The furore surrounding the Samsung Note 7 mobile phones catching fire has brought the dangers of battery fires on board aircraft very much into the public domain.

 

And it adds to the theory that a load of burning lithium-ion batteries could have brought down the ill-fated Malaysian Airlines Flight MH370 which crashed into the Southern Indian Ocean in March 2014.

 

One theory is that it was filled with deadly carbon monoxide from a load of burning lithium-ion batteries in the cargo hold.

 

Lithium-ion batteries - which are used in mobile phones and laptops - have been responsible for a number of fires on planes.

 

The Malaysian Airlines flight disappeared on March 8, with 239 passengers and crew on board after diverting from its planned route from Kuala Lumpur to Beijing. 

 

The Mail Online reports that US pilot and aviation engineer Bruce Robertson claims the highly flammable batteries in the cargo hold were responsible for the disaster.

 

He insists the batteries had triggered a fire aboard the plane, which led co-pilot Fariq Abdul Hamid to turn the plane around and place it into a descent in an attempt to perform an emergency landing.

 

But Mr Hamid inhaled the toxic fumes, causing the aircraft to switch to the autopilot mode as it flew for several hours before crashing into the Southern Indian Ocean.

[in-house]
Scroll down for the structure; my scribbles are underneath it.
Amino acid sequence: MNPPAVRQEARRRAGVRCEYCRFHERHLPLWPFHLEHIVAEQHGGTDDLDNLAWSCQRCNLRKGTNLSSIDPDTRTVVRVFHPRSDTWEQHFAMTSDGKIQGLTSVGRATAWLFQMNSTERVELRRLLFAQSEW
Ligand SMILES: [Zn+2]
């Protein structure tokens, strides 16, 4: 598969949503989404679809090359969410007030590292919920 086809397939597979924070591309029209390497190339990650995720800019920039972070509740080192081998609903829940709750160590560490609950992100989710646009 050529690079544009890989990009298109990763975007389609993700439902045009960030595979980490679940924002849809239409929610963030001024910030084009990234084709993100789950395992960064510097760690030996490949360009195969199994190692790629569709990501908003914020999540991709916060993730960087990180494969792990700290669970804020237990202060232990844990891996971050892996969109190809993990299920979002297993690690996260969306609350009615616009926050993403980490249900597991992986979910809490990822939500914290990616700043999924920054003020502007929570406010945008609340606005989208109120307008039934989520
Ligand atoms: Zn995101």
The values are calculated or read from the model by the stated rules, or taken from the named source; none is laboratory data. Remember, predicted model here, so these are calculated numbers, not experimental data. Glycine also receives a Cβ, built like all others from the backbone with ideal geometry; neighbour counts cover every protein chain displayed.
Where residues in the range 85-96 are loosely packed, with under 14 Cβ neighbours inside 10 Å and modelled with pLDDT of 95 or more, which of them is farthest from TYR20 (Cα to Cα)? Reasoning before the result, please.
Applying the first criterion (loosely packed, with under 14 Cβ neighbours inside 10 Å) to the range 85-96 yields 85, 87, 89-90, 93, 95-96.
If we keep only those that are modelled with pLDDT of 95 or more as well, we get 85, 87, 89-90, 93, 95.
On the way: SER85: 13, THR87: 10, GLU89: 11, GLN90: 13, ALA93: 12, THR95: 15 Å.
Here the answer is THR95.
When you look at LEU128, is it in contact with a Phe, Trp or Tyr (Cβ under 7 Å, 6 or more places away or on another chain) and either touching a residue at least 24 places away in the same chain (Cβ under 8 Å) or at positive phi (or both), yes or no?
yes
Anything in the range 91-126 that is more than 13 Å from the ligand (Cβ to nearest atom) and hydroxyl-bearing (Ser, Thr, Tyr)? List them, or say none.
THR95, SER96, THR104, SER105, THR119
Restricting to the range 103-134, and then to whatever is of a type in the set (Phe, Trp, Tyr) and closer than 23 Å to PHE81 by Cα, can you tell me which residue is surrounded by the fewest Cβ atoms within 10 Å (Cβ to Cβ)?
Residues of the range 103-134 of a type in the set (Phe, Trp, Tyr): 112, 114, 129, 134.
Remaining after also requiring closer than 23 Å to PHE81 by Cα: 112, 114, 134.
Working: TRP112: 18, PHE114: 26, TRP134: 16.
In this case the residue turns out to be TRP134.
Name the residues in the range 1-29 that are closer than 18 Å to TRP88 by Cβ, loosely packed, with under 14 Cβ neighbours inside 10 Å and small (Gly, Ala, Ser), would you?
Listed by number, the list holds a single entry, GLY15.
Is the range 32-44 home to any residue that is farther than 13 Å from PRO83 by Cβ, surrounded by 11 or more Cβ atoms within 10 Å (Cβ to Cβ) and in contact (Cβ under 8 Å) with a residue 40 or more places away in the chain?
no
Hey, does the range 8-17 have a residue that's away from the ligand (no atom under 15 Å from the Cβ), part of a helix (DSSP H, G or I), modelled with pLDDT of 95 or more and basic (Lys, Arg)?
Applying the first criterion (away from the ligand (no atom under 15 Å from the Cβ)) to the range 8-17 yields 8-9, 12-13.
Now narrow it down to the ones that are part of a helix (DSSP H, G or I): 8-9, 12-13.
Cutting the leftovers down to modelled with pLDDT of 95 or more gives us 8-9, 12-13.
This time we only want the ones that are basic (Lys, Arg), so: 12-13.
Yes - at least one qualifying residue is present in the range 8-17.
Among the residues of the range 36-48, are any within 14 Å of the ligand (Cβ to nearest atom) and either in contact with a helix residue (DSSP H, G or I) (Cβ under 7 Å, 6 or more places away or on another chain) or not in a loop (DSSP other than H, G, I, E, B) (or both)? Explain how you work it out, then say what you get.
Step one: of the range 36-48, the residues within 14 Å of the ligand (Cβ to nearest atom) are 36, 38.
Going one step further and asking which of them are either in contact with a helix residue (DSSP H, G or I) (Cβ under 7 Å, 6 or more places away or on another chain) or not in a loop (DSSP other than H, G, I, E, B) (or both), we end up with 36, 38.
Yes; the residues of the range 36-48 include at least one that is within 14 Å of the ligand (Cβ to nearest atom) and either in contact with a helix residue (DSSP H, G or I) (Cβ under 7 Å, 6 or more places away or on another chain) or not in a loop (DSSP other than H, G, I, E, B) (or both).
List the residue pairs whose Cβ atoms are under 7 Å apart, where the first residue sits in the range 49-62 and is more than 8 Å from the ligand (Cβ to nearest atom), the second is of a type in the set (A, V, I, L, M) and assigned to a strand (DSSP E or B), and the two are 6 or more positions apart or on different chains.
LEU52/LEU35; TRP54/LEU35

Mr Robertson also claims the search teams, led by Australia, have been looking in the wrong part of the Indian Ocean, suggesting the missing plane came down west of Exmouth in Western Australia. 

 

He added: “There you have it - no conspiracies, no evil intent, just a simple industrial accident that took a while to play out due to automation trying to save the situation.”

 

Initial theories have claimed Captain Zaharie Ahmad Shah locked his co-pilot out of the cockpit and deliberately crashed the plane into the Indian Ocean but his family have denied the allegations.

 

According to US-based Federal Aviation Administration, lithium-ion batteries carried in the cargo or baggage have been responsible for more than 140 incidents between March 1991 and February 2014.

 

In rare cases, aircraft have been destroyed as a result of fires started from the devices, although they have been cargo planes in both incidents.

 

* A pioneering invention called an AvSax can minimise the fire danger in seconds with its unique use of water.

Simply pour at least two litres of water into an AvSax and then drop the burning device into the bag. The water activates a polymer gel inside the bag’s lining causing it to expand around the device. Should the device keep on burning then the AvSax is tough enough to absorb the force.